Not much perhaps needs to be said about the relation between a child's primitive vocabulary and the development of the child's repertoire of perceptual experience, which has been the subject of such close study by Piaget and his assistants. The effective acquisition of a word by a child must proceed in step with the maturing of its sensorimotor capabilities and the meaning attached to a particular word may broaden or narrow as the child's experience of perception and action extends. Individual words may receive a wider extension: 'mother' (initially one person in a particular relation and to some extent itself a generalisation from the separate occasions on which the phenomena of 'Mother' manifest themselves) may gradually become a word referring' to 'mothers in general'; the mother of that other child as well as the mother of the individual child; there is a quite natural extension of a word from referring to one particular percept to referring to a class of similar percepts. 'Chair' may initially be one chair and later on 'any chair'. Words included in the Primitive Vocabulary are thus not all necessarily at the same level of concreteness or abstractness, particularity or generality. Apart from the implicit generalisation in each individual word, there may be words which are already classes of classes; e.g. 'colour' may refer to any of red, green &c and indeed the child may in fact acquire the word 'colour' as 'a set of colours', crayons, or a colouring book. Nor will the acquisition of words necessarily match that of the theoretical class-order. 'Clothes' as in bed-clothes or the child's own clothes may be a functioning item of experience, a usable word, before particular types of clothes, whether these are 'sheet', 'blanket', 'dress' and so on. The word 'fruit' and the experience 'fruit' may come before the acquisition of words for individual fruits. The schemes proposed in more abstract approaches to semantic features, the hierarchical ordering of words and concepts, may simply be irrelevant for the mode in which in fact a child, or an adult acquires the elements in his Primitive Vocabulary. The reality is that every word is an abstraction from the multiplicity and individuality of perceptual and action experience and acquisition of particular words may proceed, in temporal order, either from the more specific to the more general or from the more general to the more specific (as the entomologist, for example, proceeds from 'ant' and 'bee' in his primitive child's vocabulary to the hundreds of thousands of specifically distinguished ants and bees recognised in his professional career. Theoretical semantics so far has generally disregarded this vitally important aspect of the growth of the individual's semantic structure, his knowledge structure.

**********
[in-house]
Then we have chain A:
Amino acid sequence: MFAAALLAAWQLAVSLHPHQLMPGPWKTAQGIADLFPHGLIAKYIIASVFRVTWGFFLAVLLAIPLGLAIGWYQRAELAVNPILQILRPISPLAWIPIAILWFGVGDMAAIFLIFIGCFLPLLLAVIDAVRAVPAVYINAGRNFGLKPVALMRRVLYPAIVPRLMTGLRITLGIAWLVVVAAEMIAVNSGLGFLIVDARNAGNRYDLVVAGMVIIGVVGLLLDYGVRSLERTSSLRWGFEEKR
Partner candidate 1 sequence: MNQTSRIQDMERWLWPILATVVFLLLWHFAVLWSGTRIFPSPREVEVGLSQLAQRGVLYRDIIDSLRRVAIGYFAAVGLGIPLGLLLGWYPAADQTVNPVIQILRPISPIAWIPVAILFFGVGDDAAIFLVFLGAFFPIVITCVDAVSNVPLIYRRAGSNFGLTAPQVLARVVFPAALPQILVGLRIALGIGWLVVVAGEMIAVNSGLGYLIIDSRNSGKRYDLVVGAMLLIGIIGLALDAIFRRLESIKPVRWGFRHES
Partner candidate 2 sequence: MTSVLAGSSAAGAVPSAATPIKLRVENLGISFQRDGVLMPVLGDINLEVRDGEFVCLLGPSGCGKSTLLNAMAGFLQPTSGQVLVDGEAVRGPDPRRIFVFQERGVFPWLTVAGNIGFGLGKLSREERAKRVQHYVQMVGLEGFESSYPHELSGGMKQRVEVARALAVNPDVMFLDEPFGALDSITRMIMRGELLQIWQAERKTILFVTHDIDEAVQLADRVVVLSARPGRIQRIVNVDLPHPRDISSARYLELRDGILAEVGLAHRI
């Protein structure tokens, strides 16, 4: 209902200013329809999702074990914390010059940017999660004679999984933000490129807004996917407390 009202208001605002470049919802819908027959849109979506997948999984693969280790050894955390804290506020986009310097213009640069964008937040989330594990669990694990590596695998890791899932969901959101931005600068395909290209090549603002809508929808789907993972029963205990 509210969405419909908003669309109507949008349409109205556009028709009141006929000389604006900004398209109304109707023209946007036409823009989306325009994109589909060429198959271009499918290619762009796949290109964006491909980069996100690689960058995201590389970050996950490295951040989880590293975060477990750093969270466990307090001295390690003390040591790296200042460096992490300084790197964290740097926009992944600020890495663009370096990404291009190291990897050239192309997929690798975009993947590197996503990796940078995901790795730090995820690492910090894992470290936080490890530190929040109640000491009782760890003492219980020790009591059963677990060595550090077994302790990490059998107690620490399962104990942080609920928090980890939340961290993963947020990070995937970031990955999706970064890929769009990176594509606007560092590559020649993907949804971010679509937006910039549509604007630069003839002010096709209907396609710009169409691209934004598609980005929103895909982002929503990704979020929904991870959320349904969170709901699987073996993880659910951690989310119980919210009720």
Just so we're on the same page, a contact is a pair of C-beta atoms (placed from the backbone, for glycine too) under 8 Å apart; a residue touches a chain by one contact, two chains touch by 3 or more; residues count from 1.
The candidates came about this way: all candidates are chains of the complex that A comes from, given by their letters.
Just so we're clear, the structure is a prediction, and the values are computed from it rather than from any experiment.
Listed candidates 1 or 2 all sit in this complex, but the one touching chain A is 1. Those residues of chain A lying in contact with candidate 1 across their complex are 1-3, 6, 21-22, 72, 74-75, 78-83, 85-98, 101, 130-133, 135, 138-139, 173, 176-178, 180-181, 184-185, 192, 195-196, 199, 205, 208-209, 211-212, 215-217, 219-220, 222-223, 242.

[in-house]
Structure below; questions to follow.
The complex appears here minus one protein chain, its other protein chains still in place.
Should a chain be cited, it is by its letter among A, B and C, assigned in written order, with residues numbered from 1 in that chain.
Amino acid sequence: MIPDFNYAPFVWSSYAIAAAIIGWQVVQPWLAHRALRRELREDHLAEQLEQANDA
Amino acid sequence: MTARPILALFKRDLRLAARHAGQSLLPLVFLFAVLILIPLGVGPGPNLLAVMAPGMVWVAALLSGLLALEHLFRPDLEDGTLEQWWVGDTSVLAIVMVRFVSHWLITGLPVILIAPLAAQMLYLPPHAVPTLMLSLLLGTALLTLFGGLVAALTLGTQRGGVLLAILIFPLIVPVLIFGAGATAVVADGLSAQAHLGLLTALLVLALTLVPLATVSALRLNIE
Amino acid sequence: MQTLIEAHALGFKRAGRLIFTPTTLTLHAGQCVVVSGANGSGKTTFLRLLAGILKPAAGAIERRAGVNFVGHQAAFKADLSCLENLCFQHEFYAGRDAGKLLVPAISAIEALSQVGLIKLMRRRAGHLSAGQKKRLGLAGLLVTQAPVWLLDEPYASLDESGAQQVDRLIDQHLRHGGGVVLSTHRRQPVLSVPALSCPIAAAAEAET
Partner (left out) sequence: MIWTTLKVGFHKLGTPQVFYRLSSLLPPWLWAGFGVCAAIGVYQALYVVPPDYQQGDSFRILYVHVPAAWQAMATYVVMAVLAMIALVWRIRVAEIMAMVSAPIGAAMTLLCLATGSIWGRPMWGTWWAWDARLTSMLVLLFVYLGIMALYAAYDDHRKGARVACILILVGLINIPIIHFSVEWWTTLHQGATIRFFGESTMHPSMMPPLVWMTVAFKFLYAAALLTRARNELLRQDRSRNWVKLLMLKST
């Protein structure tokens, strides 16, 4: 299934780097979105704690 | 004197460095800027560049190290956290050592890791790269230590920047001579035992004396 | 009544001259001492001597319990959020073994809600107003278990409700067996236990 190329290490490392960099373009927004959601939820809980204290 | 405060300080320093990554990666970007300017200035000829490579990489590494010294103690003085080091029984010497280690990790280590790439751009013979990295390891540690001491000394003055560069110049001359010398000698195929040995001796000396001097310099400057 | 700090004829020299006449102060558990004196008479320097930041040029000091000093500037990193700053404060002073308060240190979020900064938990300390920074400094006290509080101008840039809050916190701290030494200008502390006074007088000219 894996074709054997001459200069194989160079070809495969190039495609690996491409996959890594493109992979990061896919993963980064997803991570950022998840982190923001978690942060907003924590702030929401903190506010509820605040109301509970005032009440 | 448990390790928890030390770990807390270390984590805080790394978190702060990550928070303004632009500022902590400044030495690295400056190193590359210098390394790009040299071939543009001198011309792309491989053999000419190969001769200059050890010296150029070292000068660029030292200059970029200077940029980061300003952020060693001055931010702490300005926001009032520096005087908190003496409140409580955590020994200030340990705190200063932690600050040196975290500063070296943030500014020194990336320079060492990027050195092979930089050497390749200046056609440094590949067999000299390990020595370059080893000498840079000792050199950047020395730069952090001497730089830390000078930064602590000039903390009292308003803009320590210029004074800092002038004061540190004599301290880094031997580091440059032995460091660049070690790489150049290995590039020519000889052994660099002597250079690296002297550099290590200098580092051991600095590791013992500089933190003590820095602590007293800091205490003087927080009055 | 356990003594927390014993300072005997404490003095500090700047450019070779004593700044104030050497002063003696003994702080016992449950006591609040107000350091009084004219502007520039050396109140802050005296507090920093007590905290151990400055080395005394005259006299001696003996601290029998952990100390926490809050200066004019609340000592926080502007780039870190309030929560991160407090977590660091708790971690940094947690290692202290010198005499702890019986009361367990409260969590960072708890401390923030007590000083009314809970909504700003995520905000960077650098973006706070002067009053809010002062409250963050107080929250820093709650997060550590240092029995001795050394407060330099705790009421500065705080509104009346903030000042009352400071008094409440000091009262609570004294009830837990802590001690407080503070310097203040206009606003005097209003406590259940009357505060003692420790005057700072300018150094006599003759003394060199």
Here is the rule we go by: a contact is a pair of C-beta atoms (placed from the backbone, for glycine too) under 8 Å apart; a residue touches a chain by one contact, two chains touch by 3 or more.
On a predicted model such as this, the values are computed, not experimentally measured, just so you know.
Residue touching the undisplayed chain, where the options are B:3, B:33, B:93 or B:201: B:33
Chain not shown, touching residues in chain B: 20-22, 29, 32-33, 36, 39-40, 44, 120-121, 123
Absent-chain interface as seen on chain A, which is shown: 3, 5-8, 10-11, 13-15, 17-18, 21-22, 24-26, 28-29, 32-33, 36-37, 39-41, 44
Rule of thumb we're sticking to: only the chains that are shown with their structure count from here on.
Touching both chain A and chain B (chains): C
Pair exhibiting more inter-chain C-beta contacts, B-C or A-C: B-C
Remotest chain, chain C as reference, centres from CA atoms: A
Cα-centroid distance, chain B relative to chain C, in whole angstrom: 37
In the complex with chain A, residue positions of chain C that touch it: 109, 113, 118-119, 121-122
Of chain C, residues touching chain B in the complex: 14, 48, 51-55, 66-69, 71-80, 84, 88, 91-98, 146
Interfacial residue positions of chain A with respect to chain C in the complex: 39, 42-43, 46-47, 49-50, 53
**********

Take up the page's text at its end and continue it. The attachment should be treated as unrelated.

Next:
Some indication has already been given of how words forming part of an individual's primitive vocabulary can gradually and naturally acquire a wider range of application, as the individual's experience itself develops. Most simply, apart from extending the word 'chair' to apply to any chair rather than just one particular chair (that is to any item sharing some broad structural features with what has first been identified as 'the chair') there can be a further very obvious analogous extension of the application of a primitive word. For example, 'leg', originally perceived as part of the child's own body, is extended first to apply to 'leg of any human', then to 'leg of any animal' (in many respects resembling the human body) and then, more adventurously) to 'leg of any object' which has an even looser structural resemblance to the human or animal body; so one has 'leg of a table' and then to any appendage attached to something broadly conceivable as a unity, a body, 'leg of an electricity pylon' or even 'leg of a race'. These are all processes of generalisation and abstraction, noting once again that even the original percept 'leg' itself was a generalisation from repeated, separate perceptions of a persisting leg, itself a construct from the visual elements forming each individual perception of the leg. At some point, 'leg' receives an even bolder extension, a metaphorical transfer where the word is applied to refer to non-external, perceptual experience, such as the 'leg of an argument'. This final, metaphorical transfer between external perceptual experience and abstract, remote, internal perceptual experience, is one of the major, absolutely fundamental processes in the development of language, both lexically and syntactically. A good deal more will have to be said about its significance later. It is one of the major ways in which a limited initial lexicon can be adapted to map on to a progressively greater and greater area of human experience. But beyond these fairly straightforward ways in which individual words in the Primitive Vocabulary may acquire a wider area of application, there are, of course, important, well-known ways in which words can be produced by composition, derivation, the use of prefixes and suffixes, which can operate very substantially to enlarge the area of experience covered by words initially in the Primitive Vocabulary and beyond that go to the construction of the fuller lexicon in due course acquired by the child and the adult.